Climate change and anthropogenic activities have been increasingly leading to loss of habitats, biodiversities and ecosystems around the world. This has brought many species on the brink of extinction. Orang-utans are one such species which have been in the limelight for many years as their population continue to decline owing to a threat to their habitat and food sources getting scarce, resulting many to starve and die.
Orang-utans — a Malay word meaning “Person of the forest” — are the largest, tree-climbing mammals and the only Great apes of Asia. There was a time when their population was distributed across Southeast Asia, however, now they are just confined to two islands — Sumatra in Indonesia and Borneo which has been split among Indonesia, Malaysia and Brunei. The lives of these red-haired, arboreal creatures with long arms and hooked legs have been jeopardised by human impacts and climate change. Deforestation in the tropical rainforest areas of Indonesia and Malaysia has witnessed a massive surge in last two decades which has been majorly driven by logging, cultivation of oil palm trees for palm oil, mining and paper mills. This clearing of the forest area has wiped out the habitats of many plants and animals, including those of orang-utans. In addition to deforestation, they are also being hunted for their meat and are often killed by villagers as a response to crop-raiding. Orang-utans are known to damage crops and steal fruits; poor farmers — at times — have no other option to save their crops and livelihood but to slaughter these apes.
Deforestation has been contributing to climate change. The region has seen extreme weather events in the recent past. The drought of 2015 claimed many lives of such animals and plants in Kuntai National Park in Indonesia. Rising temperature, El Nino effect and clearing of the forest has desiccated the forests and surrounding areas. This has made instances of wildfires frequent. This loss of habitat and their food sources have made the orang-utans critically endangered. As per the latest survey, there remain just 54,000 orang-utans in Borneo and around 14,600 in Sumatra. Last two decades have seen the death of over 100,000 orang-utans in Borneo itself. It is estimated that, over the next 35 years, deforestation alone will result in loss of some 45,000 orang-utans.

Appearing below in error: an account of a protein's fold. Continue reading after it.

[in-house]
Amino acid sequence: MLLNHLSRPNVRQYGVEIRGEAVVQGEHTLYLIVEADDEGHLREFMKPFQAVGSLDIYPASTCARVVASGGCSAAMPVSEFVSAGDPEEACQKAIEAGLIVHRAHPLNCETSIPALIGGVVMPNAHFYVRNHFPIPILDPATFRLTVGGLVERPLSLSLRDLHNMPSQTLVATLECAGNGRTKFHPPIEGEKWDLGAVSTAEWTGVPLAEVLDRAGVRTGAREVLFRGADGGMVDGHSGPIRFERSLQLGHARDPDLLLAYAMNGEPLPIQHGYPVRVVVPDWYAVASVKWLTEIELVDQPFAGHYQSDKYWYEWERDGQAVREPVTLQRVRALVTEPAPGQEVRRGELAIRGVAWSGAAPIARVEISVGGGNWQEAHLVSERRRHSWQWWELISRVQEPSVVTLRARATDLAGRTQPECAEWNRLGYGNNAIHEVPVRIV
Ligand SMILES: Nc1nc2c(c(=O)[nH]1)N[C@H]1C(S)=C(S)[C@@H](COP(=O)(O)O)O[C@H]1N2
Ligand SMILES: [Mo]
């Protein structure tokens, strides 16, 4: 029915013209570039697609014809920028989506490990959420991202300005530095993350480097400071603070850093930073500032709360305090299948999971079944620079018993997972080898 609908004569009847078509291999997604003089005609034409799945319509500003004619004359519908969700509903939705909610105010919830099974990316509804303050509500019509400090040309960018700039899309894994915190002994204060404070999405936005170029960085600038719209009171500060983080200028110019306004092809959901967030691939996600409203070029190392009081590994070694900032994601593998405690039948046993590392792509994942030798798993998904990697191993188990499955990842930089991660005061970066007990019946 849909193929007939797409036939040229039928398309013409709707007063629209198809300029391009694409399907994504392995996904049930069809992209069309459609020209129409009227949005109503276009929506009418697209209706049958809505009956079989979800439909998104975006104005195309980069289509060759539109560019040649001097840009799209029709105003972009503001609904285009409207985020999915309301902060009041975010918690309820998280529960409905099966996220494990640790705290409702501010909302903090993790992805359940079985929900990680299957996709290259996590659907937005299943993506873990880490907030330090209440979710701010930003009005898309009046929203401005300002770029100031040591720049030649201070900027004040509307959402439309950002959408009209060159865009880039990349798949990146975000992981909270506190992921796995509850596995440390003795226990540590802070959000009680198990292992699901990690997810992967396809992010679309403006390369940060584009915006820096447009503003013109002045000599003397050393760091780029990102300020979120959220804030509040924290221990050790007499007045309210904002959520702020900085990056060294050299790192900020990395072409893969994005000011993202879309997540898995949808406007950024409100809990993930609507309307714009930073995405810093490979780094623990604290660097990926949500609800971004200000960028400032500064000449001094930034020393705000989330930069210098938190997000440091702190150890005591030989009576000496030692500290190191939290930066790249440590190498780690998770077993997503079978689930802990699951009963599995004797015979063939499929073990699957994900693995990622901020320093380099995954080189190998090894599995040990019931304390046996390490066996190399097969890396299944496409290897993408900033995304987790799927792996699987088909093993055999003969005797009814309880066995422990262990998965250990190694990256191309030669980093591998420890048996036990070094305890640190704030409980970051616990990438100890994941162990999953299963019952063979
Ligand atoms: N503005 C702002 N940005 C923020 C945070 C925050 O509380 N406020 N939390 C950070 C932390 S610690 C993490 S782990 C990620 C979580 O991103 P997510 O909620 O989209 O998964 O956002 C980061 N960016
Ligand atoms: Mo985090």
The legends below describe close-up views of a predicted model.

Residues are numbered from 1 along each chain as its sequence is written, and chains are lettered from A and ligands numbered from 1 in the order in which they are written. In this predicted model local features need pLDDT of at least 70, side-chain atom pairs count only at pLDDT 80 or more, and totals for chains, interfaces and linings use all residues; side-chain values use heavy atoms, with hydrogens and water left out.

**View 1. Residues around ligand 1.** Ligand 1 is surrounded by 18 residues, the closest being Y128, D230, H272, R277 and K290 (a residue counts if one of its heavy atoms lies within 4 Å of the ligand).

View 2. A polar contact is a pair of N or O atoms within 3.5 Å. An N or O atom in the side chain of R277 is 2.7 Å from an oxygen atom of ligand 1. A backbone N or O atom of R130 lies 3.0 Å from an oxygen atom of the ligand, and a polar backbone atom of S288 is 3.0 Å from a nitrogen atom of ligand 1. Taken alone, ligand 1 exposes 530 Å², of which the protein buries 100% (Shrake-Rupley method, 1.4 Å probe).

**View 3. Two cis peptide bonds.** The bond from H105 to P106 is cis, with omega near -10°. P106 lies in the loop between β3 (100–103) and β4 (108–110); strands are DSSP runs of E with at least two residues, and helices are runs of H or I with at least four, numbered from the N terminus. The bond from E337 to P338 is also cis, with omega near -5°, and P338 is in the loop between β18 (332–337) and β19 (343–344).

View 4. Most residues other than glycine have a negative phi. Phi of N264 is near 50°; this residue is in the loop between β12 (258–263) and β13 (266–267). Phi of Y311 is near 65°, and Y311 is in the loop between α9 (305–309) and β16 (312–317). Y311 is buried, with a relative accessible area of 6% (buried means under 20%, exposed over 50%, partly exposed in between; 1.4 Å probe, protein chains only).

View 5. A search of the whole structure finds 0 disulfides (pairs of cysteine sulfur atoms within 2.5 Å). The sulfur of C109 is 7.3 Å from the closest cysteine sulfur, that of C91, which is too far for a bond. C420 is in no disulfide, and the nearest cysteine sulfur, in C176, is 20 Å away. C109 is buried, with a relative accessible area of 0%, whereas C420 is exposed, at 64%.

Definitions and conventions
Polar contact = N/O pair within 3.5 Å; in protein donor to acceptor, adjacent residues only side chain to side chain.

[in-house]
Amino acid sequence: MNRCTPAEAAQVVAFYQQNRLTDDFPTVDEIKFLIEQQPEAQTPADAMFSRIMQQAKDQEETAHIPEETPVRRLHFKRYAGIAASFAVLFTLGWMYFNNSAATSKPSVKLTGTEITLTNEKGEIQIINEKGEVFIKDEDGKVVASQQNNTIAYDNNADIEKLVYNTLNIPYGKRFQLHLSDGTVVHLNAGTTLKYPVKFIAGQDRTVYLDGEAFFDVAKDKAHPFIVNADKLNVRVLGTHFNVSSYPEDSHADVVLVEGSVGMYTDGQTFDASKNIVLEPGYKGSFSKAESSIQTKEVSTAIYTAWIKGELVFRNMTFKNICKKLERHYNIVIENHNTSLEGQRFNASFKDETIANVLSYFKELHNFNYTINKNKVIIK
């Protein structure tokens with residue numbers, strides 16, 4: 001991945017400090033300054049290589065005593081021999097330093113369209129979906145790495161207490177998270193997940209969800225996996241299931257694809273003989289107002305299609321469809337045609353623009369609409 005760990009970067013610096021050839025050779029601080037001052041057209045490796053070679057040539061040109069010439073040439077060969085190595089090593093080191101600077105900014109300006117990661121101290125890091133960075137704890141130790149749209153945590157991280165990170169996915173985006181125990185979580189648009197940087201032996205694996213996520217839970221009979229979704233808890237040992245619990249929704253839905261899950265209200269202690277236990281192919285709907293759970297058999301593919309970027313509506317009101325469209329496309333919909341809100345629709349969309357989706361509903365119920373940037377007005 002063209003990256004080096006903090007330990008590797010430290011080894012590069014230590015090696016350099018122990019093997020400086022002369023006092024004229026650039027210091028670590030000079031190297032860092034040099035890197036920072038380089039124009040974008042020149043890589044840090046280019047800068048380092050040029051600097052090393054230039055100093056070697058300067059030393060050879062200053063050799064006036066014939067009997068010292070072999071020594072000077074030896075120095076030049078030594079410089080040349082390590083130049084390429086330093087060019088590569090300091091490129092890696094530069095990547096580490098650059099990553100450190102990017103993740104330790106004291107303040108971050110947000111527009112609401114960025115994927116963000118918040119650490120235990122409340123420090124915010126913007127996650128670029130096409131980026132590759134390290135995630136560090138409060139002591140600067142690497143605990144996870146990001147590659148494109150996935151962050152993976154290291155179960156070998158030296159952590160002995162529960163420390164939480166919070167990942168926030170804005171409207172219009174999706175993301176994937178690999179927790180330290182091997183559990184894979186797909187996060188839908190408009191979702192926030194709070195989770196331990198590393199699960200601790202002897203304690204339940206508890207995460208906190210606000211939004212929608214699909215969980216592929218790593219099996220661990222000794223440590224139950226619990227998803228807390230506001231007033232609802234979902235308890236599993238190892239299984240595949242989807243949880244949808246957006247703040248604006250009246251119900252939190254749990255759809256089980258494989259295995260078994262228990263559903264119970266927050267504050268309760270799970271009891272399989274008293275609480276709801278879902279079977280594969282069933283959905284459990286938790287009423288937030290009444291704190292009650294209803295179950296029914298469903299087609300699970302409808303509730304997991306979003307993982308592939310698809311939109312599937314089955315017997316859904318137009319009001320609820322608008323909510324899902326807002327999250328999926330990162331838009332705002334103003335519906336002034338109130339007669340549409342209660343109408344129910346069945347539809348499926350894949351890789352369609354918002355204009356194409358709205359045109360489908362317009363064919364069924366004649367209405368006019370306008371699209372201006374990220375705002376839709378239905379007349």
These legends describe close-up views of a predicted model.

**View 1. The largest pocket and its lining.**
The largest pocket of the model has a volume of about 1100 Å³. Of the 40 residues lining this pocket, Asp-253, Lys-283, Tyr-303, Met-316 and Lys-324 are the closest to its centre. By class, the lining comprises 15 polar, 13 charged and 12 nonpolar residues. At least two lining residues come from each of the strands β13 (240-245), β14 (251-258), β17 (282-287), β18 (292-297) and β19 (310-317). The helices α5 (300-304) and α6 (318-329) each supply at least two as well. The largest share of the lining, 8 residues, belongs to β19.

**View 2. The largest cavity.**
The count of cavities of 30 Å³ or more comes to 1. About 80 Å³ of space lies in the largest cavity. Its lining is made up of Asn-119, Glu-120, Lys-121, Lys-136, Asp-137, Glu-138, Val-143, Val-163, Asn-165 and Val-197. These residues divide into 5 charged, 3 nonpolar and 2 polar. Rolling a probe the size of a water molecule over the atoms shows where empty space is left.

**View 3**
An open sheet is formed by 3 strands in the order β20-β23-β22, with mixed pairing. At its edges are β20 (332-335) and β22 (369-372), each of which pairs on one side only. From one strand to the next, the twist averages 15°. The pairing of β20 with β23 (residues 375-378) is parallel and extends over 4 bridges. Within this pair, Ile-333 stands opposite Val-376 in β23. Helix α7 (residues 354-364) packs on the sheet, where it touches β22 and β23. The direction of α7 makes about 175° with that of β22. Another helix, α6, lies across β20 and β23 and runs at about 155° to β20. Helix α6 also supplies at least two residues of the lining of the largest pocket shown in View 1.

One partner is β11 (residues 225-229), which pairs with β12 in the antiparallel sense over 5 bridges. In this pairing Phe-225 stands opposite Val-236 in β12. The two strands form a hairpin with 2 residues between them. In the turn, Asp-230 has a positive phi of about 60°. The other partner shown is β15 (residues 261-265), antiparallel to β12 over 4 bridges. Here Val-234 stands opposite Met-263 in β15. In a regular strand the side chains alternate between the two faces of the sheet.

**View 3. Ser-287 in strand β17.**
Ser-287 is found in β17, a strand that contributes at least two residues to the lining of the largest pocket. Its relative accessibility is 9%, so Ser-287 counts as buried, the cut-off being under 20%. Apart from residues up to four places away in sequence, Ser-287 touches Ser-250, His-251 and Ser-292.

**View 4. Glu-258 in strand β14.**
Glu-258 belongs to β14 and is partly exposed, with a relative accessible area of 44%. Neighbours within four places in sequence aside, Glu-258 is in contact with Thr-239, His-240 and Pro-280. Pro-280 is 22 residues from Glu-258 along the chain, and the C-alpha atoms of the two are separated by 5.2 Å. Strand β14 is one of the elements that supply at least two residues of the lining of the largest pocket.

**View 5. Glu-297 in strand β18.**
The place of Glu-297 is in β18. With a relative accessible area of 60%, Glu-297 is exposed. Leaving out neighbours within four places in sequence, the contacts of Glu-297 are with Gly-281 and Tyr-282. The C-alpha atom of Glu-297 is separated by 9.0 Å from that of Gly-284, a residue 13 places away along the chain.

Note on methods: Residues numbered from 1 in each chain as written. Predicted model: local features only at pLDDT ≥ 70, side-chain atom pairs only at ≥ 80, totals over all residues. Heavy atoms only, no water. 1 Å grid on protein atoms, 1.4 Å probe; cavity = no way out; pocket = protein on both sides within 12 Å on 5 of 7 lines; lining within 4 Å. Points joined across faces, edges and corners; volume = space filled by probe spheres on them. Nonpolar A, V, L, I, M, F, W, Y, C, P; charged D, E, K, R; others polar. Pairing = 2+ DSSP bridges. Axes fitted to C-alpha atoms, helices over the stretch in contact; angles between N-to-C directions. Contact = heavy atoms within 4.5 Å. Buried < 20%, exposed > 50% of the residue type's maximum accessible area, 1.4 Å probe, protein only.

Efforts are being made to future-proof rainforests so that the natural habitat and food sources of these fury animals can be secured. While the threats from deforestation and poaching continue to trouble these apes, natural conservationists have been trying to curb the implication of climate change on these forests. Restoration of the ecosystem by planting more climate change resilient trees is one such positive step in this direction. Plant species such as The hardwood tree, the Ulin and a native palm, the Bendang, are being planted in the buffer zones around the areas vulnerable to fire. To ensure their future food security, species such as Dracontomelon dao, a tropical canopy tree and Kleinhovia hospita, an evergreen tropical tree, are being planted alongside the vines which orang-utans use to move through the forest. Restoration of these habitats and food sources need the involvement of many stakeholders and unless they, including government and businesses involved in mining and logging, extend their full support in reforestation work, saving orang-utans would be a Herculean task.